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TIN/CIS questions

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  • TIN/CIS questions

    Hi to all of you.

    I’m getting closer to the final follow-up visit 5 years after my relapse (pure seminoma, initially i got TC 7 years ago.)

    When i had my I/O 7 yrs ago they took a biopsy of the remaining testicle. The report says that there was no sign of malignancy or TIN/CIS in the testicle.
    Can i then almost conclude that my right stone is safe (i know there are few false-negative biopsy results) or can TIN/CIS develope over time spontaniously.

    And the other question - it seems like there are different standarts in different countrys about making biopsy. Did you have it done, and if not - why?

    Regards from Denmark/Europe

  • #2
    Regarding your question about remaining testicle. I would say regardless of what tin/cis concludes you should be relativity certain odds are in your favor 7,8,9,10 years later, for the most part getting tc in remaining testicle is treated as a seperate cancer issue. So more than likely again odds are in your favor you wont get tc of remaining testicle. I wont say never cause you never know for sure.

    As for your second part of the question my response pretty much answers the question for you. I did some reading on tin/cis, im no doctor but i would guess because it's not full proof. Lets say you had tin/cis done it would just confirm at the present time no situ, but lets say 3 months later you develop pre cancer cells because at the time of tins/cis you werent quite at the point for pre cell development, does thay make sense? The other issue is that there are some risk factors that may or may not elevate your chances of getting TC cancer, but again lets say 3 months later your environment changes and you are subject to things that could evelated your chances of develping tc cancer or the oppsite happens your evironment changes and your risk is lowered. By environment i am not strictly speaking of the air you breath etc..... Just like why is TC cancer more likely in countries like Norway, Denmark and less likely in Asian countries. Not saying if i move to Asain im less likely to develop TC. But genetically speaking is what i am gettimg at. Just to many unknown variables to say for certain.
    Last edited by eodtech2001; 08-29-18, 07:31 AM.
    Jan 2012- U/S mass in Left testicle
    Feb 2012- I/O performed to remove cancer
    Mar 1,2012- pathology pure seminoma
    Mar 7, 2012 PET SCAN stage IIa
    April 2012 Mayo clinic carbolite.
    May 2012 carbolite failed, started BEP x3
    August 7th 2012- BEP complete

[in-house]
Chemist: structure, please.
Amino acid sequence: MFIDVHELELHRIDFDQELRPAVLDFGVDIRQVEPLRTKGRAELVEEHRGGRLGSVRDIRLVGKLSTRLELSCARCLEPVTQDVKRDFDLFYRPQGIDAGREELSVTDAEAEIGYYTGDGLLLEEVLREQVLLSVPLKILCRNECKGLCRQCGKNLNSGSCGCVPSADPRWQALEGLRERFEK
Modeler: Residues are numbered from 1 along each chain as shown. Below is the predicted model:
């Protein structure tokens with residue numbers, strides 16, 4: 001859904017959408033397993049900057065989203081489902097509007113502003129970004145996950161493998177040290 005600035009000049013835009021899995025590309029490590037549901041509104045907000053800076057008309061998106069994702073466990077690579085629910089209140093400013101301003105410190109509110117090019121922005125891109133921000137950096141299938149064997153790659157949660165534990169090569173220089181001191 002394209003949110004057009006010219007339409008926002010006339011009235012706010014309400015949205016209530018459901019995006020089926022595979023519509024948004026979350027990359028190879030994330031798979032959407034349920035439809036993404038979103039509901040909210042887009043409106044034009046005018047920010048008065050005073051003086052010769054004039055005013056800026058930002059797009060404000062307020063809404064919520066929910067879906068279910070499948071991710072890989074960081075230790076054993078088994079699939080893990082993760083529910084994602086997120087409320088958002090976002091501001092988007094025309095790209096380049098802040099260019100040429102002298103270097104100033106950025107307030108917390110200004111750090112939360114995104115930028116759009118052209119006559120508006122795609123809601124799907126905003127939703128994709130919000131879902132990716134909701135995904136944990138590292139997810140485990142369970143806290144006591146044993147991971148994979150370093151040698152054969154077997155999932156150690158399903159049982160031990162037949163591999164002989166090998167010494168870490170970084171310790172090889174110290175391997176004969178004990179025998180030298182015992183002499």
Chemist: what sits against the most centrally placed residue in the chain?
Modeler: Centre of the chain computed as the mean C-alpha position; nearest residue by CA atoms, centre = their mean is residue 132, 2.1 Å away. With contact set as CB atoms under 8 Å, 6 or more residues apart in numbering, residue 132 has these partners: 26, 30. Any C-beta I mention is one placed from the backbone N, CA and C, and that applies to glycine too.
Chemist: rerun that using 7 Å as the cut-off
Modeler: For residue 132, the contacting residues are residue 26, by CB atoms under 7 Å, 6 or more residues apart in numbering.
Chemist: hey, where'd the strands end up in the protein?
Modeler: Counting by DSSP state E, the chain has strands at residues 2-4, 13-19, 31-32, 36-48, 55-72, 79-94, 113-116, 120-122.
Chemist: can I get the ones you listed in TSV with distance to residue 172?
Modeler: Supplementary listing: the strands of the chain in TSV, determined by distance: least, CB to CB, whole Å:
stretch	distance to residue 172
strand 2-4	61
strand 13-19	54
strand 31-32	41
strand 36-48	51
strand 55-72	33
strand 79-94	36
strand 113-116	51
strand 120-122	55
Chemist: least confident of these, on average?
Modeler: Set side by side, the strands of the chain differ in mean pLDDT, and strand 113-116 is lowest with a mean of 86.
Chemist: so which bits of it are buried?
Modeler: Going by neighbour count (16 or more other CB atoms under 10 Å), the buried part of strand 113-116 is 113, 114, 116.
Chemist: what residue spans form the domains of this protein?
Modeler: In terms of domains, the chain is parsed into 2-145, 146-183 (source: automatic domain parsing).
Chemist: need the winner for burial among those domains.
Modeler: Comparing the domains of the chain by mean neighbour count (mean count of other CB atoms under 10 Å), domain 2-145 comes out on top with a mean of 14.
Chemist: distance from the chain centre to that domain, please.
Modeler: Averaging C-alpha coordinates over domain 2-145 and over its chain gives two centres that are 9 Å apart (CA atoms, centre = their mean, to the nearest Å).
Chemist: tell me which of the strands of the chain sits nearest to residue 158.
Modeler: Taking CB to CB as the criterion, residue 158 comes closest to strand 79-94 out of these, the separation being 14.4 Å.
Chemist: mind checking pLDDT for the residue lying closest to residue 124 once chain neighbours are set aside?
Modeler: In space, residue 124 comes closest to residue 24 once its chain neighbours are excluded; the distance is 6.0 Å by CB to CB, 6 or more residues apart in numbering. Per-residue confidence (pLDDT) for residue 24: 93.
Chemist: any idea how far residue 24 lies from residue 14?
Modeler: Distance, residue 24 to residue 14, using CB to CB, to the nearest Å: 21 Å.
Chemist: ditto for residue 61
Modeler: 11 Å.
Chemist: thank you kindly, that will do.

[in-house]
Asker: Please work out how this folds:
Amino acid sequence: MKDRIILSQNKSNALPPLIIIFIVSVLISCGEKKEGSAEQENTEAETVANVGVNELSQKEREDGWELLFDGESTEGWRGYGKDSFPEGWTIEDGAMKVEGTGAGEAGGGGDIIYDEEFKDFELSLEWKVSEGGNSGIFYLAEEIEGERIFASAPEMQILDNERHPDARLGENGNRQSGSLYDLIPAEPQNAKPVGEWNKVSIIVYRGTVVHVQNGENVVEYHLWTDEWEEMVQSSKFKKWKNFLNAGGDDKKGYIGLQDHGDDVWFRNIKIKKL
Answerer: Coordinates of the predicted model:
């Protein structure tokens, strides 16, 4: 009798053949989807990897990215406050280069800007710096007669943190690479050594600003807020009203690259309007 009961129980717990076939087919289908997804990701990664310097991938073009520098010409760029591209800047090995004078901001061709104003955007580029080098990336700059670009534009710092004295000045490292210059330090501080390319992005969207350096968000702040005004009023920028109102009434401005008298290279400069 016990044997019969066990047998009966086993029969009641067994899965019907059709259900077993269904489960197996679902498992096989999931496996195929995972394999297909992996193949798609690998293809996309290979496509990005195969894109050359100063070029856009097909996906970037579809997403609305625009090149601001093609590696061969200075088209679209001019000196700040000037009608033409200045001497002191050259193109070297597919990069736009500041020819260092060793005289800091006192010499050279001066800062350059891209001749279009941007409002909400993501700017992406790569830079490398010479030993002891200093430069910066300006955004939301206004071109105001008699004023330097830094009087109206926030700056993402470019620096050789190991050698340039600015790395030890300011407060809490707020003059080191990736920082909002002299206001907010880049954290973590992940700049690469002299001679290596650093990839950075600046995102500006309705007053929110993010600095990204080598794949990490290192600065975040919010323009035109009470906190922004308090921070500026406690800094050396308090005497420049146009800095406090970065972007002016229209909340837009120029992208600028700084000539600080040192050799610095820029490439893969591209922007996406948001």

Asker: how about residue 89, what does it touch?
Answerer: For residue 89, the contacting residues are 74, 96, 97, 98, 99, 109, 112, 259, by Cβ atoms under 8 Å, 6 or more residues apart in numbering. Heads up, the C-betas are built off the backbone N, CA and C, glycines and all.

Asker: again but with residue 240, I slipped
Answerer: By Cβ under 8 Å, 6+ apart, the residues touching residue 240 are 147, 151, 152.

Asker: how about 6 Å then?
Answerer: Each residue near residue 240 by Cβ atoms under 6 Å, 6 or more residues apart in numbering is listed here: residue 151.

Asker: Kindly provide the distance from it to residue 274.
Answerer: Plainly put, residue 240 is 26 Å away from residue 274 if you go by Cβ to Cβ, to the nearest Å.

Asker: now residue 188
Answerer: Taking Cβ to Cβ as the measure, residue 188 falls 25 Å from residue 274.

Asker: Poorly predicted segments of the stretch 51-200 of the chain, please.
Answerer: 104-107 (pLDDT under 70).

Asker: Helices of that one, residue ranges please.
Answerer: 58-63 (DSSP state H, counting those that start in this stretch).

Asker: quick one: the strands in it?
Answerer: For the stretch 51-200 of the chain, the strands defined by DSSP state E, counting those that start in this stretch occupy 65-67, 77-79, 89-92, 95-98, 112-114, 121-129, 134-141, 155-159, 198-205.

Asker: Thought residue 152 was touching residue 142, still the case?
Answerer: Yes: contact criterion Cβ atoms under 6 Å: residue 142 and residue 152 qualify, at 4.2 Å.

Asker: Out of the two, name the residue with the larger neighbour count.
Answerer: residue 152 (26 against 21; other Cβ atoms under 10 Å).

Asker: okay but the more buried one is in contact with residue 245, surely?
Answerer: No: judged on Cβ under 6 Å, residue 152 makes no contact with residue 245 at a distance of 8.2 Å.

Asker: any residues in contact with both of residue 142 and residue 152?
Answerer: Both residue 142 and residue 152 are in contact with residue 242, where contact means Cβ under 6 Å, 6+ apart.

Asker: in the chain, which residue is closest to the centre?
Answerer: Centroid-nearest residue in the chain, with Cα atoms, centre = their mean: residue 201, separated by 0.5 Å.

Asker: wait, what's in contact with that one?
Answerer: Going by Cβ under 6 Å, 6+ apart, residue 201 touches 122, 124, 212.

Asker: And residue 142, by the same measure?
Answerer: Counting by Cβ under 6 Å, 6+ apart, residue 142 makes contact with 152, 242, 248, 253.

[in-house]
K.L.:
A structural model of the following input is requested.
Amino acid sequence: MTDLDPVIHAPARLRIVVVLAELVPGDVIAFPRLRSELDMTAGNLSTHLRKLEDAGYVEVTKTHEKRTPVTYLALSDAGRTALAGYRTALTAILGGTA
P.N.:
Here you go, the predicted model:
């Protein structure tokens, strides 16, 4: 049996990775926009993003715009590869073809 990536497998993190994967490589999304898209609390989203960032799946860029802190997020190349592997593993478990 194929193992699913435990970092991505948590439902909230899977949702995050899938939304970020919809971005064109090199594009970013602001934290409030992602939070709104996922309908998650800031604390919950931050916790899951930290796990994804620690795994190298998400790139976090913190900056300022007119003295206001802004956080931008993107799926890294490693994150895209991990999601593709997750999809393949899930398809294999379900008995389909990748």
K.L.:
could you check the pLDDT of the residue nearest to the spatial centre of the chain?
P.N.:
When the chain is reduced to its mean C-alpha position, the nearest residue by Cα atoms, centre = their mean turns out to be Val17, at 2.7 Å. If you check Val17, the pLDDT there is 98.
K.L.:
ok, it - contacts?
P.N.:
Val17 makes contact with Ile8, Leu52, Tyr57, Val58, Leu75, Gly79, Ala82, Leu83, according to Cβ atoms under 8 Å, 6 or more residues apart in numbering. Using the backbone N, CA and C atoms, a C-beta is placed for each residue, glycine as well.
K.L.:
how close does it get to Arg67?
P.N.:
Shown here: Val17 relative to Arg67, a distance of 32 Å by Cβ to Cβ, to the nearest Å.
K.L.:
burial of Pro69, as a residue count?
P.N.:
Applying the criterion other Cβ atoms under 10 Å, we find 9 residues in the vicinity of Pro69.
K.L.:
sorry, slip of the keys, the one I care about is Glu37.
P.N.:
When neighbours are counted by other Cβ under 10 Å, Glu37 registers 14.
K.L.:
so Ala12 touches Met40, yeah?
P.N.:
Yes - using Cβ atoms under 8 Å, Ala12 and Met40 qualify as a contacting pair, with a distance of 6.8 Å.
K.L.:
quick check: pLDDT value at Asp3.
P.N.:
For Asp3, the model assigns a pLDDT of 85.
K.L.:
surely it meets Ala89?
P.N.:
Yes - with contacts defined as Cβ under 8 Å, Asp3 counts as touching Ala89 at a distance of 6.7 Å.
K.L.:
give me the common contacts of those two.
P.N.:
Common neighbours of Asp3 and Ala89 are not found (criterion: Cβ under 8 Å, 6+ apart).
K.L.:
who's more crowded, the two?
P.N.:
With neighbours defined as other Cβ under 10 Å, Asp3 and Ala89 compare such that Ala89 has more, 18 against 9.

April 2013 CT/PET show relapse
    May 2013 RPLND
    Aug 2013 Relapse again Started VIeP x2
    Dec 2013 HDC completed CT/PETSCAN 1.1 cm x .8 cm right lower lung lobe
    Feb 2014 confirmed false positive all clear FINALLY !
    Jan 2015 1 year cancer free Pet/CT scan
    Jan 2016 2 years cancer free "Pet/CT scan
    Jan 2017 3 years cancer free "Pet/CT scan
    Jab 2018 4 years cancer free "Pet/CT scan, labs, xrays


    • #3
      Thanks for your reply - and congratulations with your own good results - you have been through a lot!

      I was just on the impression that the CIS/TIN was something you were born with (a defekt from the fetus-period) and could be detected by doing the biopsy, except the small percentage of false-negative lab answars.
      And they sort of are like a loaded gun that can be triggered by environment etc like you are talking about - but still detectable no matter when the biopsy is performed (I guess im moving to asia :-))

      And what you mean are that the reason that not every country/region are performing biopsies on the remaining testicle is that it just will just show a limited result?
      Last edited by JesperDK; 08-29-18, 09:21 AM.


      • #4
        My attempt at searching on CIS/TIN turns up info in the tin market? What are we talking about? Afraid this abbreviation is unfamiliar to me.

        As far as far as #2 being safe, no,it's not. Getting TC1 increases the odds of getting TC2, it happened to me 35 years later, so while the odds are still quite low, it can happen. I suspect that since so many of us are now surviving many years past TC1, that we will see an upsurge in TC 2 cases in the years ahead, but that is just my supposition, not based on any scientific studies.

        Jan, 1975: Right I/O, followed by RPLND
        Dec, 2009: Left I/O, followed by 3xBEP


        • #5
          Hi Dave

          CIS or TIN was also new to me a while ago - I also visit the tin-market on the internet :-))

          As I understand its changes in a testicle - a precursor for cancer that can be discovered, taking a biopsy. In Denmark its standard to make a biopsy of the remaining testicle when the I/O is performed. They take a sample (3x3mm) to the lab to look for CIS/TIN (carcinoma in situ). I read that if CIS are present they say that 50% will develope tc-cancer in 5 years - 70% after 7 years. They believe that all cases of CIS will lead into tc cancer at some time.
          When CIS is discovered they offer low dosis of radiation against the testicle or I/O - carboplatin is not so useful in that situation as i read.

          There are a discussion about making the biopsy from land to land because there are a cases of false negative tests and because that the procedure can cause swelling, bleeding etc and they will make this procedure in a lot of guys When only a few will have CIS compared to the fact that TC cancer is so curable.

          My doubt was that if CIS was developing suddenly out of the blue or if its present from the beginning cause to the genetics.

          I actually mailed Dr Einhorn Yesterday and he tells that if a CIS biopsy is negative, the risk of a contrelateral tumor is down to about 1%.

          Last edited by JesperDK; 08-30-18, 09:12 AM.